A former secondary school teacher who engaged in the sexual exploitation of a 13-year-old girl he had groomed through Facebook has been struck off the teaching register for 30 years.
At a fitness to teach inquiry on Friday, a disciplinary committee panel concluded the very serious nature of Cooney’s actions were at the “very highest end of the spectrum of wrongdoing”.
Paul Moroney, the committee chairman, said Cooney’s actions involved deliberate and severe harm by a teacher to a young child. “She was not a pupil in his school, but this does affect the severity of his wrongdoing,” he said.
Mr Moroney said the victim was groomed online initially but the nature of the abuse developed over time in a “carefully calculated manner until he achieved his purpose of indulging in extreme sexual abuse repeatedly and over a considerable period”.
He said the harm done to the girl would probably have lifelong effects and that her victim impact statements in court made for very disturbing reading.
“Children and their parents are entitled to assume that, at a minimum, teachers will strive to protect them from harm,” he said. “Cian Cooney knew how vulnerable young girls can be and used these insights to exploit this vulnerability and cause huge harm to his victim.”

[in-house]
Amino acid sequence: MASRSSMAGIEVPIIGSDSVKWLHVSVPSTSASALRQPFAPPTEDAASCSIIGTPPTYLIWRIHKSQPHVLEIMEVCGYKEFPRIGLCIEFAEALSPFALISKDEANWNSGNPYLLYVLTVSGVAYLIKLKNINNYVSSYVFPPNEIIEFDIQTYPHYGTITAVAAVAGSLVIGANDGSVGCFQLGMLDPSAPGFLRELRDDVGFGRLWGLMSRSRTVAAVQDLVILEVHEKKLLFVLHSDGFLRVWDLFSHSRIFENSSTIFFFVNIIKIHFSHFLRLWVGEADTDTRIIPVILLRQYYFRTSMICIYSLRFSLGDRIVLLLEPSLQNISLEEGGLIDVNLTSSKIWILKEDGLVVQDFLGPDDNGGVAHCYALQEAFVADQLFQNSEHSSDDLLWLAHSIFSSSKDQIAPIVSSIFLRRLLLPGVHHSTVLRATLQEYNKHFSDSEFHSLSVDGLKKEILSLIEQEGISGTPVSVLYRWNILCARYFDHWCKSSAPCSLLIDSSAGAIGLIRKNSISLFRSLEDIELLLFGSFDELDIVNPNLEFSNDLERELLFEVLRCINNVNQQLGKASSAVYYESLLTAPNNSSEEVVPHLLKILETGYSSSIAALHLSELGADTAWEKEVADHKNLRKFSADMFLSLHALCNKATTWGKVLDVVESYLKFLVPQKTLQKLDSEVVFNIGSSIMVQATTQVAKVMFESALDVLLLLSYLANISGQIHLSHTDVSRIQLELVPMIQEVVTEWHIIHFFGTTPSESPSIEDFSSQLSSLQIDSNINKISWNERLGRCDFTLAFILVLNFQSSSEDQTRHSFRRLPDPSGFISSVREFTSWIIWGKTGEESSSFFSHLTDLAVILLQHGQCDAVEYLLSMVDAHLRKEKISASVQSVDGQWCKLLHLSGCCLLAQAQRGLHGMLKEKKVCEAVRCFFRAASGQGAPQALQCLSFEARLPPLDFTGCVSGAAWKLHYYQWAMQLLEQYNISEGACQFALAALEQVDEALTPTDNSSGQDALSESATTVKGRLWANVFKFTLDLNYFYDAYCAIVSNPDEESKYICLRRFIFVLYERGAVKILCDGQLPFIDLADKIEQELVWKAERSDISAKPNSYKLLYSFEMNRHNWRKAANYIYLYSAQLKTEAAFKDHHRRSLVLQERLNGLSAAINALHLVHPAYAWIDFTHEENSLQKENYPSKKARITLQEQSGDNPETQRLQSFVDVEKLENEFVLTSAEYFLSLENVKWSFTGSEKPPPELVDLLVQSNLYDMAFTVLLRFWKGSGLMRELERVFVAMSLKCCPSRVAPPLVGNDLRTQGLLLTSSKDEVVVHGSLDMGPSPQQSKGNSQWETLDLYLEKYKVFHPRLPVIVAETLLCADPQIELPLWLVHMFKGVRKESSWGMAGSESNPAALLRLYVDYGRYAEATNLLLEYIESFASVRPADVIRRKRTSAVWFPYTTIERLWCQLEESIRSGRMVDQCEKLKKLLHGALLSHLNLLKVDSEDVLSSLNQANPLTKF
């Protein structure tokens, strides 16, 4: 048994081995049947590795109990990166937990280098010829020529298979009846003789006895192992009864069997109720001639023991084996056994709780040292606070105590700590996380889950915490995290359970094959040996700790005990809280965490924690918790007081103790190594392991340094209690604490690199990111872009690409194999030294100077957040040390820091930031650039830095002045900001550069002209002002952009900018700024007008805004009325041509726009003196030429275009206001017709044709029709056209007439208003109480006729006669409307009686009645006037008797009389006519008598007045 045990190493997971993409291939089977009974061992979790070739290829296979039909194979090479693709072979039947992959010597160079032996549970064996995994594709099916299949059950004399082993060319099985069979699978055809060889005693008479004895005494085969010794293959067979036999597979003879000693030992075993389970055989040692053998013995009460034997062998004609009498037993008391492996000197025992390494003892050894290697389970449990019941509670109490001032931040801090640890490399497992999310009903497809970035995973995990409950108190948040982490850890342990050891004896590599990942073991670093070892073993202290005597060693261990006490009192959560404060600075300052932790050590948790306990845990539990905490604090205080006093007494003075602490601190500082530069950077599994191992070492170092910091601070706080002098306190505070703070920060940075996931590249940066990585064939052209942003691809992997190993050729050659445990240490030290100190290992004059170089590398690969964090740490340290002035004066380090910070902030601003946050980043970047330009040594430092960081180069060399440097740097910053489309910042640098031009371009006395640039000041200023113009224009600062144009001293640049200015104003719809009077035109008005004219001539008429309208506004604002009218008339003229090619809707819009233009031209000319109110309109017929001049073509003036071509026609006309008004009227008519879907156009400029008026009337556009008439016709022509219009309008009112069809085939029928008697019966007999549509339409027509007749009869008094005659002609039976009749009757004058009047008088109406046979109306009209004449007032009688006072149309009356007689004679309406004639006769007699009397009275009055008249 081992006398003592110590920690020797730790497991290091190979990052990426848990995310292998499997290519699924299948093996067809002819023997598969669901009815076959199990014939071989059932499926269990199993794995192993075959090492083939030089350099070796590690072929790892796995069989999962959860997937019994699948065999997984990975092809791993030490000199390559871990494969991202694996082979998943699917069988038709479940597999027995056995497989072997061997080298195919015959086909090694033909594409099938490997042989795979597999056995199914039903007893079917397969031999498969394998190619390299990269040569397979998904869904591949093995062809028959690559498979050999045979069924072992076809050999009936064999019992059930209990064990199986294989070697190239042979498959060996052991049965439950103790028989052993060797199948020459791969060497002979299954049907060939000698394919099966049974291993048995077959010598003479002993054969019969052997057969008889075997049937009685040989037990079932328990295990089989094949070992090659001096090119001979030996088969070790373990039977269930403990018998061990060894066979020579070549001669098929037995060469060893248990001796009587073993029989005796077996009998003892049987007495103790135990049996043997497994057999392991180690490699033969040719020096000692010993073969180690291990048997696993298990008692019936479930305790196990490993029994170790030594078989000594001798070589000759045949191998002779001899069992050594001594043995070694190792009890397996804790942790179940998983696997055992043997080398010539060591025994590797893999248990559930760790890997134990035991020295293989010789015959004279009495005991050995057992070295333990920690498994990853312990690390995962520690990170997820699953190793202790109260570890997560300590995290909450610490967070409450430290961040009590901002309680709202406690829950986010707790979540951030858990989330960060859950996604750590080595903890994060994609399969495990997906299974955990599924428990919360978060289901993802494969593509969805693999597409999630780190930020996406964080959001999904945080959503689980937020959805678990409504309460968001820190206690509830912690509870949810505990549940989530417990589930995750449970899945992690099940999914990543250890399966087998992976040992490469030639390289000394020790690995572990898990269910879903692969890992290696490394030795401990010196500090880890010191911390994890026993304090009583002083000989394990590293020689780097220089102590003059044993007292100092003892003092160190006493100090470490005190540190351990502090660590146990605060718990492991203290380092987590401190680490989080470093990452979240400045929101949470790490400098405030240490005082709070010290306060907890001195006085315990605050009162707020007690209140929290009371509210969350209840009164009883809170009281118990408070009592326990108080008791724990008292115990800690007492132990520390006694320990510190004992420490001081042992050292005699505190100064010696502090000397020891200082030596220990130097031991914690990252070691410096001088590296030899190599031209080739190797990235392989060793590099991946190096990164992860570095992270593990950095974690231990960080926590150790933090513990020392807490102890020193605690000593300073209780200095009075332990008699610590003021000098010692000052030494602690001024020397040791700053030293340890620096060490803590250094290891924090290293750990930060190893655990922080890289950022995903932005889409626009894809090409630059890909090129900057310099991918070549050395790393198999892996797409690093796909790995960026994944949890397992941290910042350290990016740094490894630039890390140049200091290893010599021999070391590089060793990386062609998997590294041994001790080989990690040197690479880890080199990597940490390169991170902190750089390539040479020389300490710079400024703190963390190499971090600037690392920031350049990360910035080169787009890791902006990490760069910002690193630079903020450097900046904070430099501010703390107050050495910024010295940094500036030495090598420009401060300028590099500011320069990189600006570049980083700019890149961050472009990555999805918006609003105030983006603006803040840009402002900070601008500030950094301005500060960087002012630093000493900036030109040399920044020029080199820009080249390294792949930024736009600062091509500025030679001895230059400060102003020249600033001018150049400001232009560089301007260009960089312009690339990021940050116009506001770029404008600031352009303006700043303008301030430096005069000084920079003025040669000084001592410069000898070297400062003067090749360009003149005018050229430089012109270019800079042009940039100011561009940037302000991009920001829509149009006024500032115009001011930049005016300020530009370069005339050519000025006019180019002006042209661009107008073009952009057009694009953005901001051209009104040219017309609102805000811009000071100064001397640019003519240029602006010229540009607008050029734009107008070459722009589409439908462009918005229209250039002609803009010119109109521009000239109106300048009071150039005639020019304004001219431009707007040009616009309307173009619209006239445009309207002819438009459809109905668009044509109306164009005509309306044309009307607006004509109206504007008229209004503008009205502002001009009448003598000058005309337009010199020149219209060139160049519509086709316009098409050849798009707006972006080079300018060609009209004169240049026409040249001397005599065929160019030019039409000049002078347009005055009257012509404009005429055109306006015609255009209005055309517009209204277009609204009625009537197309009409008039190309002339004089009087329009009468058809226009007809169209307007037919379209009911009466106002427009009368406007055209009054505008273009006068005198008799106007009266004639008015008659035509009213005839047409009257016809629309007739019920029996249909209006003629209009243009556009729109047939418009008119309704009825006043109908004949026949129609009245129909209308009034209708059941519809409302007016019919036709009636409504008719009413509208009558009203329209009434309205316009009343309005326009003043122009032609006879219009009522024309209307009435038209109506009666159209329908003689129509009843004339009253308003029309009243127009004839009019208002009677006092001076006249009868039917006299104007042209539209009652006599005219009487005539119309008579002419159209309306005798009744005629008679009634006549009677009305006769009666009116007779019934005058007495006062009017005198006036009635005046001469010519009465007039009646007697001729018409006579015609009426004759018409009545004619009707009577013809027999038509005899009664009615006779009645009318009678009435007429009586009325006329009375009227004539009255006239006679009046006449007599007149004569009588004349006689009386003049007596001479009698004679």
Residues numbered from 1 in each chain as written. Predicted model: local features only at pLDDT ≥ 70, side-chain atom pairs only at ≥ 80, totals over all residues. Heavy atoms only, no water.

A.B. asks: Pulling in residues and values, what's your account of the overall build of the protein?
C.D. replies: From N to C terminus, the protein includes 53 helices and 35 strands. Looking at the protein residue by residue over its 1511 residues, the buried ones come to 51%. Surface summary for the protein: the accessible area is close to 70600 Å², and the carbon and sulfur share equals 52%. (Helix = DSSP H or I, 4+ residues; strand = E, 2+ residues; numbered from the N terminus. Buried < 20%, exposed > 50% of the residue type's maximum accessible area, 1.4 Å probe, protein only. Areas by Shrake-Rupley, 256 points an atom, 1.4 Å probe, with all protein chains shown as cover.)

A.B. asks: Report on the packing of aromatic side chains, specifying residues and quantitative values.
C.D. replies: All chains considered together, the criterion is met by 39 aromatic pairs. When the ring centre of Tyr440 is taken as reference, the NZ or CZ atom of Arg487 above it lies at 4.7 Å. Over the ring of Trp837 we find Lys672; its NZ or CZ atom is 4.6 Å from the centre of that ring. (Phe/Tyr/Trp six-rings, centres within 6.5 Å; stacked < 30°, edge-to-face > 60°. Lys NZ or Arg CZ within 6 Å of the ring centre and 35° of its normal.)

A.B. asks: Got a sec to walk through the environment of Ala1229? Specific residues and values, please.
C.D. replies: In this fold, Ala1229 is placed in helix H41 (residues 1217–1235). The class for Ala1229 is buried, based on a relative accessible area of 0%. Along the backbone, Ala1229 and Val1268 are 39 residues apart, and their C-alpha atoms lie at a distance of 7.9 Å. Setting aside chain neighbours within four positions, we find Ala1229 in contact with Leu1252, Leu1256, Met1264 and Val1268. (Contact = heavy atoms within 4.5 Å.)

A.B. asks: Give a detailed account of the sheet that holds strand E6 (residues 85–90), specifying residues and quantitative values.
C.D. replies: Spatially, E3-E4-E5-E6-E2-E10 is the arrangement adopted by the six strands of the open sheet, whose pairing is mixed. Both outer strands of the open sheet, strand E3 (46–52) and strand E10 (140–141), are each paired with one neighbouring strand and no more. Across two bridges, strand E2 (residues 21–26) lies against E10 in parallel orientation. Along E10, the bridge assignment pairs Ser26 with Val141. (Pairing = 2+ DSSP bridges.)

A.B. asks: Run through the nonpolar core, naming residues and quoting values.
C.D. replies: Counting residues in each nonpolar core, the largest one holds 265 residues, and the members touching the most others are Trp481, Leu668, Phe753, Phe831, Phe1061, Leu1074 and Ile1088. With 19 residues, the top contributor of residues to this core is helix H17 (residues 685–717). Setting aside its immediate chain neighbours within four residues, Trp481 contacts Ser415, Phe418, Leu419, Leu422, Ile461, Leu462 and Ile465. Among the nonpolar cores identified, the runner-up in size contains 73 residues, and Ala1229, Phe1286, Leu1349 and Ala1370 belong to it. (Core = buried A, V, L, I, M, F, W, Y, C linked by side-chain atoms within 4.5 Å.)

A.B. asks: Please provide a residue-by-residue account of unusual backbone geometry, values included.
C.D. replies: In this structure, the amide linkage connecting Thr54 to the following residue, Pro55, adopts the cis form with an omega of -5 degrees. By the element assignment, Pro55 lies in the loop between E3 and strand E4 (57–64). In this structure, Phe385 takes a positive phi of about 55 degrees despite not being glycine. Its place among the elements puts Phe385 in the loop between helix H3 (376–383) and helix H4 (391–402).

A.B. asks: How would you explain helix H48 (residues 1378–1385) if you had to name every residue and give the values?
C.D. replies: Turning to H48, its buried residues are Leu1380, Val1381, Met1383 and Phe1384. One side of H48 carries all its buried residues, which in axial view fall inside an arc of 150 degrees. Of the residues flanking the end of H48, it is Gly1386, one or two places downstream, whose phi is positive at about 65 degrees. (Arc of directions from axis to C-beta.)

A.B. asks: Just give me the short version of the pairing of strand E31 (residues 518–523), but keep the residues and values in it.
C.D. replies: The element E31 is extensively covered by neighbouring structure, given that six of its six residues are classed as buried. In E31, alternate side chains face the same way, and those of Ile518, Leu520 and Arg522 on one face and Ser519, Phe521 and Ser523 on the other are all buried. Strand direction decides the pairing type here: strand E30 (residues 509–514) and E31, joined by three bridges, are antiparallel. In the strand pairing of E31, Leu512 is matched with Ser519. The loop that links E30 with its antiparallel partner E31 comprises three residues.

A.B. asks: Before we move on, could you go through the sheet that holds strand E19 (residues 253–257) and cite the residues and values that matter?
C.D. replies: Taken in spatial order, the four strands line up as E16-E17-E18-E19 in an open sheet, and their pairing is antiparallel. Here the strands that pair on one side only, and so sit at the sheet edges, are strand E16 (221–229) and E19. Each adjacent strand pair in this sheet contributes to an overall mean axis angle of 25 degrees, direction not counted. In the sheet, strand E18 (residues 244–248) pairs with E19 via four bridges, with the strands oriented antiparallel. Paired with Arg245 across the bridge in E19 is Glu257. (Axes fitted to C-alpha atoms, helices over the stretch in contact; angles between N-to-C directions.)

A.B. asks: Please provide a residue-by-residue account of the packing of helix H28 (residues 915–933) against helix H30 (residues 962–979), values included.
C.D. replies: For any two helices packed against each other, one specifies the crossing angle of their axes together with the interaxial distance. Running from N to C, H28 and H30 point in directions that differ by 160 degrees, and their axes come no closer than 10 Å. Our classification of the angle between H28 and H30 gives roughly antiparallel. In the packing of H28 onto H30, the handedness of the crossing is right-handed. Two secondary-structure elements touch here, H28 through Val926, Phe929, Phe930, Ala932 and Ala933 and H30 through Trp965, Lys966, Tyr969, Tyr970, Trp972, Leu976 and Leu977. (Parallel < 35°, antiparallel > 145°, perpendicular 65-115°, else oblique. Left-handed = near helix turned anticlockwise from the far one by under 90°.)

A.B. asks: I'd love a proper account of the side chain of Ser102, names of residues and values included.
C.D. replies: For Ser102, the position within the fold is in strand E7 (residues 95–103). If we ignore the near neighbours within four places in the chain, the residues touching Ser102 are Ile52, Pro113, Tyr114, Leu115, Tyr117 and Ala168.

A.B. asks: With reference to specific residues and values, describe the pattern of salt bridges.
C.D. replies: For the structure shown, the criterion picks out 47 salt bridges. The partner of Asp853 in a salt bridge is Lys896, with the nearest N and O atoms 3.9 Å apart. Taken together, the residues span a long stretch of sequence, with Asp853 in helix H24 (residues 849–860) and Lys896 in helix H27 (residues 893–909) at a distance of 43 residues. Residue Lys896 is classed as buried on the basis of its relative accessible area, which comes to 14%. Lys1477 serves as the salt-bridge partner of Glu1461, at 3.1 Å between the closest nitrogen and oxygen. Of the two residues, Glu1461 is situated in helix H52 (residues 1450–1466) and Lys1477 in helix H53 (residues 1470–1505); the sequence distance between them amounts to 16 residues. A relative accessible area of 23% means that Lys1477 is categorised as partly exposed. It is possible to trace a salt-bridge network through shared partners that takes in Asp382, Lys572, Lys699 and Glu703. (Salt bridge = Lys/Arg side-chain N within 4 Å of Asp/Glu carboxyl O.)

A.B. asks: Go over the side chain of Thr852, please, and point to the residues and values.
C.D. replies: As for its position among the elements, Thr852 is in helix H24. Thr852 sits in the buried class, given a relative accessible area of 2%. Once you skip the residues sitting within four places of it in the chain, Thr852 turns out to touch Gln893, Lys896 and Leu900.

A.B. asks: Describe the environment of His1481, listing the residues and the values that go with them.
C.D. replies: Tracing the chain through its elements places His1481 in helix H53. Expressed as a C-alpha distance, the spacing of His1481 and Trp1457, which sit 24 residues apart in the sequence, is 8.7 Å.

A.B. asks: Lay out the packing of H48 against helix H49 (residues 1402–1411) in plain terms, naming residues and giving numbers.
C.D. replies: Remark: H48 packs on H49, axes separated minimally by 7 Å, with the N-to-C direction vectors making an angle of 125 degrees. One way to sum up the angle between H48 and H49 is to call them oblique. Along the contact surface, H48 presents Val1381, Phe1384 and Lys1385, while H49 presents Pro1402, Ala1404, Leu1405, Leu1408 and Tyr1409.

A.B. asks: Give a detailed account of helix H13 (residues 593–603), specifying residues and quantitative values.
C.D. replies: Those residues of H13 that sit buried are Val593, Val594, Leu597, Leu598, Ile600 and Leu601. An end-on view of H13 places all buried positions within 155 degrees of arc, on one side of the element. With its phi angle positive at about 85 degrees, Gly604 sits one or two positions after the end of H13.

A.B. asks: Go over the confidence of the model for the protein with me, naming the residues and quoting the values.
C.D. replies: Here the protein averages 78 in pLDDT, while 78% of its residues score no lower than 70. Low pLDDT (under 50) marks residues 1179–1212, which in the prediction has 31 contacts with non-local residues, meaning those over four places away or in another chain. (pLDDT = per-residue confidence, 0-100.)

Cooney was sentenced to six years and six months in prison, with the final 18 months suspended, at Longford Circuit Court in February. He was first arrested in February 2018 and denied any wrongdoing when first questioned.
He later admitted his guilt and pleaded guilty to charges of sexual exploitation and having sex with a child under the age 15 on a number of occasions.
The court heard that Cooney groomed the girl by sending her a friend request under an alias on Facebook during the summer of 2013. When they later met, he told her he was 18 but was in fact 28 at the time.
While the meetings stopped at the end of 2013, he resumed contact in 2015. His real identity was eventually revealed by the girl and her parents using social media. The victim, in a statement read out in court, said she had blamed herself and had been “through hell” . During the court case, it emerged that Cooney apologised and offered to pay the her compensation.
At the disciplinary committee inquiry, Mr Moroney said the panel’s paramount consideration in deciding on a sanction was the protection of children and the wider public.
“We also considered it vitally important that our decision would reflect the importance of maintaining public trust and confidence in teachers and in the way on whic